Author Topic: Duration of Lipo batteries  (Read 167 times)

pabloantxon

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Duration of Lipo batteries
« on: May 07, 2019, 01:30:24 PM »
Hello,
I'm expecting my DIY Glo to arrive any day now, and I have started searching lipo batteries to attach to it.
Looking at the dimensions of the Glo board (about 8 x 3.5 cm) I have found a 1200 mah 3.3v lipo battery that measures 5.2 x 3.5 cm and it seems to be fine for the task (actually 8 x 3.5 is the dimensions of the wooden whale, I guess the board is smaller).
My question is, do you have an estimate of how long should a fully charged battery last? I mean the charge cycle, not the full battery life. How many minutes / hours / whatever.
I see you a 250 mah battery on the tutorial for soldering the components, so maybe 1200 mah would be overkill?

mario

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Re: Duration of Lipo batteries
« Reply #1 on: May 07, 2019, 07:04:44 PM »
Hi and welcome :) The board takes cca 50mA from 3.6-3.8V, and Li-Po generally keeps useful voltage down to 80-85% discharge, so you can expect to get playing time of [capacity in mAh * 0.8 / 50] which would be around 20 hours for 1200mAh. I haven't yet got to test full discharge curve with Li-Po, only with 2xAAA, so this is only a guesstimate.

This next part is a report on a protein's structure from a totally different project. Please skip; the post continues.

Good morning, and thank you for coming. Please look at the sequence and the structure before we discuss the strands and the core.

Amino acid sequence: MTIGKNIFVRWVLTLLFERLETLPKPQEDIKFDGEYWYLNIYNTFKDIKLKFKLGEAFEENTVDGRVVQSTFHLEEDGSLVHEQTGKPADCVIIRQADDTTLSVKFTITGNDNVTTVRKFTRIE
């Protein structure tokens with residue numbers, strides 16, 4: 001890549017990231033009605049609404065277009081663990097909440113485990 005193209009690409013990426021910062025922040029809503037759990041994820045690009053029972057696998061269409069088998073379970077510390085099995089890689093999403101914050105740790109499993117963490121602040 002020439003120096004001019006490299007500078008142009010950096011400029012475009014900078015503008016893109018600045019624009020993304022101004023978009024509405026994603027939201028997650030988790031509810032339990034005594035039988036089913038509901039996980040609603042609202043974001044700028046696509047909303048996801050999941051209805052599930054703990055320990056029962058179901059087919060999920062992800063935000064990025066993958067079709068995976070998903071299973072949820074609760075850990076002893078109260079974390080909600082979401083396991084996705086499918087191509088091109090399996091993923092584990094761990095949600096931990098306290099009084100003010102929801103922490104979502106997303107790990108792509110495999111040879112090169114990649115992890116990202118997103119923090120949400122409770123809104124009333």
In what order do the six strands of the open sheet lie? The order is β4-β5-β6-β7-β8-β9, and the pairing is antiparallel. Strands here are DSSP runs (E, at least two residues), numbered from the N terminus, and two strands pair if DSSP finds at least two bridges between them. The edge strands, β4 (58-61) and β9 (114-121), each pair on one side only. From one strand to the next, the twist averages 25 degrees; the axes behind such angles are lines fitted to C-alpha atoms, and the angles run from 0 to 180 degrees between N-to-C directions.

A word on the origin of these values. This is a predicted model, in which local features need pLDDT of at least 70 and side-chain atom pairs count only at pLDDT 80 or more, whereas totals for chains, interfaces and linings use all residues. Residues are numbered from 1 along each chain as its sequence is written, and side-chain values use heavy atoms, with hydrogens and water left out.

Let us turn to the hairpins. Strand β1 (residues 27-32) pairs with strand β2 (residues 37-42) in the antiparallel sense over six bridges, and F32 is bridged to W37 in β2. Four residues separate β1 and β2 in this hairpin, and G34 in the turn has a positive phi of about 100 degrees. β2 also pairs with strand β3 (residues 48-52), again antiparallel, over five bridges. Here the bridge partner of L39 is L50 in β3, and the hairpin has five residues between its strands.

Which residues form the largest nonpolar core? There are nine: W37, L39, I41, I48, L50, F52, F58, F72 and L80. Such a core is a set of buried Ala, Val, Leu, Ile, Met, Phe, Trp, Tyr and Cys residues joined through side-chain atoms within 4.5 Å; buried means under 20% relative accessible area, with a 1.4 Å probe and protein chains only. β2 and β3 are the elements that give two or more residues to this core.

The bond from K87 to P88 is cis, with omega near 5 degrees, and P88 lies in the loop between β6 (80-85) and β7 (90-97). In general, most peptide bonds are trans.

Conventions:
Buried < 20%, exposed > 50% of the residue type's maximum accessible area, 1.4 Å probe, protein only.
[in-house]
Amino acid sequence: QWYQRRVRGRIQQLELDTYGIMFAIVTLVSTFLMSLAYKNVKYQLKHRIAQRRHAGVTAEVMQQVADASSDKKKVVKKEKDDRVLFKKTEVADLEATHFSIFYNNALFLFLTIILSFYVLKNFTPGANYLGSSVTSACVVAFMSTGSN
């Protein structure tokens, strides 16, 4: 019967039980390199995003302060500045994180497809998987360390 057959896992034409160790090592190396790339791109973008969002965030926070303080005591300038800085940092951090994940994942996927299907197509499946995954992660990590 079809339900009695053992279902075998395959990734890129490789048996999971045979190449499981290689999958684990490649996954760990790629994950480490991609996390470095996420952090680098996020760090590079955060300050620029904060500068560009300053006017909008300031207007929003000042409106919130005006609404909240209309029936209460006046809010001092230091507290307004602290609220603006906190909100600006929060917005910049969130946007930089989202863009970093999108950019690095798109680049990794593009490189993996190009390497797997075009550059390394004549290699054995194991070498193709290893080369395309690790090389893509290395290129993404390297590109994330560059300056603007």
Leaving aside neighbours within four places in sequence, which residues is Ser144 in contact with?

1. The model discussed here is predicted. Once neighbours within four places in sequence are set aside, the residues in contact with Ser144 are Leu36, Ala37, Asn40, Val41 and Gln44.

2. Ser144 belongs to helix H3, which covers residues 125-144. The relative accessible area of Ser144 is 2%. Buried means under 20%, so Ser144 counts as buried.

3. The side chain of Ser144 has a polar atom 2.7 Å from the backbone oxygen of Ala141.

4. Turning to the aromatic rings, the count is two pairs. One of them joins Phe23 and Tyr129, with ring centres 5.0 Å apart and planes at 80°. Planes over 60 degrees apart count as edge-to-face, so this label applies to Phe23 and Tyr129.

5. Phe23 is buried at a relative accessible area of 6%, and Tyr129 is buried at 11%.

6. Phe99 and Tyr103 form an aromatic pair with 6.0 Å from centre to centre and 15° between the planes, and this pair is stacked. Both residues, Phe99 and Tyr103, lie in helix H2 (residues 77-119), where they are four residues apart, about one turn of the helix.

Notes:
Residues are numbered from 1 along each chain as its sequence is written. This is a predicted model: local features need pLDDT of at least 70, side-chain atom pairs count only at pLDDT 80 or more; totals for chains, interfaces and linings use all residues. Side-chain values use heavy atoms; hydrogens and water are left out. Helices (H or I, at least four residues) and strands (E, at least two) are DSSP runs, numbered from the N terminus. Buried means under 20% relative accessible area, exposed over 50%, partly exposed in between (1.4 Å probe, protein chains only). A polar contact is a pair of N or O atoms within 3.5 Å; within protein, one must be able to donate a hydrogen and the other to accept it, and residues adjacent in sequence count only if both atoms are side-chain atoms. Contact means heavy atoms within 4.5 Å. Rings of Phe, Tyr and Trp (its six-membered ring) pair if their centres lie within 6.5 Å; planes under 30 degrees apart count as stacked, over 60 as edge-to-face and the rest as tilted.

Yes the PCB is smaller, 53x25mm, keypad adds a bit, it's 55x28mm and 10.5mm vertically (without buttons).
Actually, it's all here: http://phonicbloom.com/diy/make_your_own_enclosure/images/keypad_dimensions.png

The charging circuit is set to max charging current of 500mA to not overload common USB ports, and cut-off is 4.20V which is compatible with Li-Po or Li-Ion chemistry. You can expect charging times in ballpark of [battery capacity / 500] so e.g. 2 and half hours for 1200mAh cell.

For safety reasons, it's perhaps better to have a smaller capacity cell in. When choosing Li-Po, make sure you get one with internal protective circuit (overdischarge and overcurrent). It is very important also to protect the battery itself as Glo board contains voltage booster that will happily continue draining nearly discharged Li-Po (<2.5V) which is likely to damage it.

So, perhaps 1200mAh isn't too much of an overkill, but it really does not make sense to put in any larger... unless you are also adding some external circuitry (more sensors, controls, lights...) for minimal setup, even 250mAh might be fine for daily use.


pabloantxon

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Re: Duration of Lipo batteries
« Reply #2 on: May 08, 2019, 01:08:27 PM »
Great,

I guess I'll be getting a 500 mah battery then, I really don't think I'll need 20 hours and the 500 mah one measures 3.5 x 2.5 cm, which will fit better and still give me plenty juice for any experimentation.

Thanks a lot for your quick reply!!! :)))